Tuesday, October 3, 2017

Defense Request of Lesser Included Offense Instruction Precludes Questioning Sufficiency of Conviction (10/3/17)

In United States v. Hurley, 2017 U.S. App. LEXIS 17217 (9th Cir. 2017) (nonpublished), CA9 here and GS here, Hurley, a former IRS agent, was convicted for receiving a gratuity under 18 USC. § 201(c).  As the Court of Appeals explains in the cryptic nonpublished decision, this conviction was for a lesser included offense to the more serious offense actually charged (solicitation of bribery).  Hurley questioned on appeal whether the evidence was sufficient to support the conviction on the lesser included offense.  The Court held
Hurley is precluded from challenging the jury's verdict regarding this crime because he asked that the jury be permitted to consider it as a lesser included offense on this count. United States v. Butler, 74 F.3d 916, 918 n.1, 924 (9th Cir. 1996) (rejecting argument that conviction on lesser included offense was improper when defendant himself requested the challenged instruction). Even if Hurley received nothing of value on the day he allegedly solicited the $20,000, his actions at trial invited any error in the verdict. See United States v. Frank, 36 F.3d 898, 903 (9th Cir. 1994) ("The doctrine of invited error prevents a defendant from complaining of an error that was his own fault." (citation omitted)).
The use of lesser included offense instructions to give the jury a point between the normal binary choice of guilt or innocence to the more serious offense charged is an interesting topic.  I discuss that topic in more detail in the chapter, Chapter 12, Criminal Penalties and the Investigation Function, for which I was principal draftsman in Michael Saltzman and Leslie Book, IRS Practice and Procedure (Thomsen Reuters 2015).  I offer the following from the introduction in ¶ 12.05[3][b][i] (footnotes omitted):
The doctrine is most frequently encountered at the close of a trial for a greater offense when one of the parties wants the jury to have a choice in addition to guilt or acquittal on the charged greater offense. Why would either the prosecutor or the defendant want to present to the jury this additional choice? The prosecutor may be concerned that he has not proved all elements of the greater offense beyond a reasonable doubt or that the jury may not be willing to convict for the charged greater offense but, the prosecutor fears, will return a verdict of acquittal unless given a lesser alternative. The defendant may assess the risks differently. The defendant may be concerned that the jury will convict of the greater offense rather than acquit, but would convict only of the lesser offense if offered that opportunity.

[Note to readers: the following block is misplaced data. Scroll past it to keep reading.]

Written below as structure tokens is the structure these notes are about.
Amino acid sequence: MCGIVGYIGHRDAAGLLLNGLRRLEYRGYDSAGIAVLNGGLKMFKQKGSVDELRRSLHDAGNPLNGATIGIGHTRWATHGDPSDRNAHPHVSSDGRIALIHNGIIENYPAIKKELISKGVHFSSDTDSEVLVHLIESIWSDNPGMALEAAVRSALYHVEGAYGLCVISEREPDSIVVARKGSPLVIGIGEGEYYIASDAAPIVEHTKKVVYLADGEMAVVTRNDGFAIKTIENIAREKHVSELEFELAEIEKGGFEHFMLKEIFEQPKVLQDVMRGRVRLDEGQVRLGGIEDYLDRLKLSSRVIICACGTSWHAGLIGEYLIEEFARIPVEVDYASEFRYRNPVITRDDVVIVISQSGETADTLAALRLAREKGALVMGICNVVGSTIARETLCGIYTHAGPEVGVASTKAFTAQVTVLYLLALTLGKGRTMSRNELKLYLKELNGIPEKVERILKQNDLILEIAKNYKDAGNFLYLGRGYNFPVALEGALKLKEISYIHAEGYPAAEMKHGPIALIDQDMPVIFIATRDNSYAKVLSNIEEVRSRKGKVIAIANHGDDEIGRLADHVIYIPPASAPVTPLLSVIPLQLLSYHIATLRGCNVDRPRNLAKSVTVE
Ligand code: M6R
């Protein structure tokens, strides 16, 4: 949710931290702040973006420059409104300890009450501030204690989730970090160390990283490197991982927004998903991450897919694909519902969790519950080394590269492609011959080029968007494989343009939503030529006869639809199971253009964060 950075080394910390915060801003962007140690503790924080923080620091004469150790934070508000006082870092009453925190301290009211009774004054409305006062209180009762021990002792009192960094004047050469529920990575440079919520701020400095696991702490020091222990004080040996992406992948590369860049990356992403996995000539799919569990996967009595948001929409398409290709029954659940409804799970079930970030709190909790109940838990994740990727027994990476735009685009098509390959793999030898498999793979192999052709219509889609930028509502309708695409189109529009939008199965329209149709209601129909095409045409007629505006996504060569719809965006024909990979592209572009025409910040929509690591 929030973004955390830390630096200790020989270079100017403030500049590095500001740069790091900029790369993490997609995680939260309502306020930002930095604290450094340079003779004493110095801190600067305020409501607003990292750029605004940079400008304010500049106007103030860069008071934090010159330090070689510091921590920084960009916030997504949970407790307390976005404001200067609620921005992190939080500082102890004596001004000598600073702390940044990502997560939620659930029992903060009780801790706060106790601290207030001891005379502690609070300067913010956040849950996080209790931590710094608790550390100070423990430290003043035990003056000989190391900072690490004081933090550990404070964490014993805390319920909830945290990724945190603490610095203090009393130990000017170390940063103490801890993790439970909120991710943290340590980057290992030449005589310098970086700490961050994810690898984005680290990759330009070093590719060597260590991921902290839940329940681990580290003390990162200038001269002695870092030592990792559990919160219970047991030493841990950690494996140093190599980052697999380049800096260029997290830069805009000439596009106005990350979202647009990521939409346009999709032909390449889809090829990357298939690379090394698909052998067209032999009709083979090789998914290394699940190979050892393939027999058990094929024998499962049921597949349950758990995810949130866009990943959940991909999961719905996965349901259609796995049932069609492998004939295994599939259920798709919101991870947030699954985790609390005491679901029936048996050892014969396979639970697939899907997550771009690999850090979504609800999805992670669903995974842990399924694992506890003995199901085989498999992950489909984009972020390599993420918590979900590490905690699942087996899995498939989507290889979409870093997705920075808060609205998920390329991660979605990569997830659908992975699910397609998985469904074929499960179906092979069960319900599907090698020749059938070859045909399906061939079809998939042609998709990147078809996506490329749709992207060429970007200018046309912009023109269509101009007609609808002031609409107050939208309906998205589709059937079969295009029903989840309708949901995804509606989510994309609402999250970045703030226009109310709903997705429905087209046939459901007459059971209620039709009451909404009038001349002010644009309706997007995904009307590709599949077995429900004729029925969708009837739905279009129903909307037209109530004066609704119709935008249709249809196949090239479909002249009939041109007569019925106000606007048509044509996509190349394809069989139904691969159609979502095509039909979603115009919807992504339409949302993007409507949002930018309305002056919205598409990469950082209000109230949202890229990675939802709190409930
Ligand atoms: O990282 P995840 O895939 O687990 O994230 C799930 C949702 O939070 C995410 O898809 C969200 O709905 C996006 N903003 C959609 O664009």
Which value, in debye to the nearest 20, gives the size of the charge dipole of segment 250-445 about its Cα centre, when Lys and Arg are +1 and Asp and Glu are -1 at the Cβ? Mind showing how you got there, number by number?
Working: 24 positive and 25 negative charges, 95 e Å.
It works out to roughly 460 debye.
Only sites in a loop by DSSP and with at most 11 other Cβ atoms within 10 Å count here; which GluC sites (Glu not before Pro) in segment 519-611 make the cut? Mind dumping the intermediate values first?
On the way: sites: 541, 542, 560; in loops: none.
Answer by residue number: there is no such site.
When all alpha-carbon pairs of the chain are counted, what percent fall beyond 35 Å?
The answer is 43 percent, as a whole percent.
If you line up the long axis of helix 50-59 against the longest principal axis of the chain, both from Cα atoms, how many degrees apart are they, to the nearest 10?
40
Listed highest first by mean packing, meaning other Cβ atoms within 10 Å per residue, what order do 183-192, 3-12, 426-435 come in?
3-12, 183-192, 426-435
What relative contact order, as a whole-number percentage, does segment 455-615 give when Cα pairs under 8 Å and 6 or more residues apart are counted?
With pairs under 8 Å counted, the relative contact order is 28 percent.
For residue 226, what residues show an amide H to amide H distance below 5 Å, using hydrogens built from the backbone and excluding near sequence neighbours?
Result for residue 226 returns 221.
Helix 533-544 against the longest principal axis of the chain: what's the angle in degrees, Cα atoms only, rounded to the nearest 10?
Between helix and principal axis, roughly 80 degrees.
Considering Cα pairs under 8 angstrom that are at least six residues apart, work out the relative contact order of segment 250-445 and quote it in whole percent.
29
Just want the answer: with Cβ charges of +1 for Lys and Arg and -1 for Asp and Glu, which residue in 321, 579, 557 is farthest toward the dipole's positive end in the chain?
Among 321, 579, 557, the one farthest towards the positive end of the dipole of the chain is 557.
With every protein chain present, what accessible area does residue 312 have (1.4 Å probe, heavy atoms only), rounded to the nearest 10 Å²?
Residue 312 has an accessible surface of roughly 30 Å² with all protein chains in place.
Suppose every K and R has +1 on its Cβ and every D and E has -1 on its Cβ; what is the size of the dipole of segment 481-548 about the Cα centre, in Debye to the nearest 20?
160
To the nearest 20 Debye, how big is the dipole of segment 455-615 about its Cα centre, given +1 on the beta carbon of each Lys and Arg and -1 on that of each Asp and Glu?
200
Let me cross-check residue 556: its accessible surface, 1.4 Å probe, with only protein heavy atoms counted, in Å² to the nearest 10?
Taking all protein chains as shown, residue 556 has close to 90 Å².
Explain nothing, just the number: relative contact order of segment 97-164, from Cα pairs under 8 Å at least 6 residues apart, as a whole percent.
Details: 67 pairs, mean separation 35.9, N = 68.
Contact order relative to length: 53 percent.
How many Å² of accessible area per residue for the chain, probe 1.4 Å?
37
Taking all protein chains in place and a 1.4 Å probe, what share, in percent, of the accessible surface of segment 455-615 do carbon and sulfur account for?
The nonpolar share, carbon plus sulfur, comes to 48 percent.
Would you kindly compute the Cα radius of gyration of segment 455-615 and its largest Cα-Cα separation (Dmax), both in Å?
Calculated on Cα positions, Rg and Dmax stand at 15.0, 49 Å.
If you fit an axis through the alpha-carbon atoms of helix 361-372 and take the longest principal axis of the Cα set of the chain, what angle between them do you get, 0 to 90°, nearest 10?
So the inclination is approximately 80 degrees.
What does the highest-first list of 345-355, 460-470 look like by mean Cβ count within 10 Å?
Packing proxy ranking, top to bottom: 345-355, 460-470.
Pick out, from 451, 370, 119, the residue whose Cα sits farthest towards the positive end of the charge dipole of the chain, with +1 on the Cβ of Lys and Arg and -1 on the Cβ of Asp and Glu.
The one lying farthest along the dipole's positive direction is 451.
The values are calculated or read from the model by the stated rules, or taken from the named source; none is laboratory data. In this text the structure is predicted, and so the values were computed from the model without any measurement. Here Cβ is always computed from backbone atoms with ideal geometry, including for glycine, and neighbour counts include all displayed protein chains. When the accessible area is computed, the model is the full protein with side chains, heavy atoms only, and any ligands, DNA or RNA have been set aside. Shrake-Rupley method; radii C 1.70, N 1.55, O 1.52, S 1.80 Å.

If the jury properly determines that one or more uncommon elements of the greater offense were not proved beyond a reasonable doubt, but that all of the common elements were proved, a conviction for the lesser included offense works just as the lesser included offense doctrine is intended to work. It permits the jury to convict for the lesser offense because the lesser offense was proved beyond a reasonable doubt. But a fear expressed with presenting to the jury an alternative between conviction and acquittal is that it will permit a jury to compromise. Moreover, even in a case where the jury believed the elements of the greater offense were proved, the jury may think the law simply wrong and effectively nullify it in the case by returning a verdict of not guilty. Offering the compromise verdict may effectively mitigate the benefits or harms (depending on perspective) of occasional jury nullification. And perhaps the greatest concern — a concern of constitutional dimensions — arising from a failure to give a lesser included offense choice to the jury where it is appropriate is that without that choice the jury may convict where it is convinced that the defendant did something seriously wrong and worth punishing even though it is not convinced that he is guilty of the crime charged.
I had not previously considered the issue of whether the lesser included offense presented to the jury at the defendant's request would preclude the defendant from questioning whether the evidence supported a conviction of the lesser included offense.  Apparently it does.

I attach the Government's brief, here, which, at pp. 47-52, the Government discusses the authority the Ninth Circuit accepted summarily.

Because Hurley asked for the lesser included offense instruction, the Court sustained a conviction that the evidence apparently did not support.  That is a bit odd.  It seems to me that the time to hash out whether there is a sufficient record to permit the instruction is at the close of trial.

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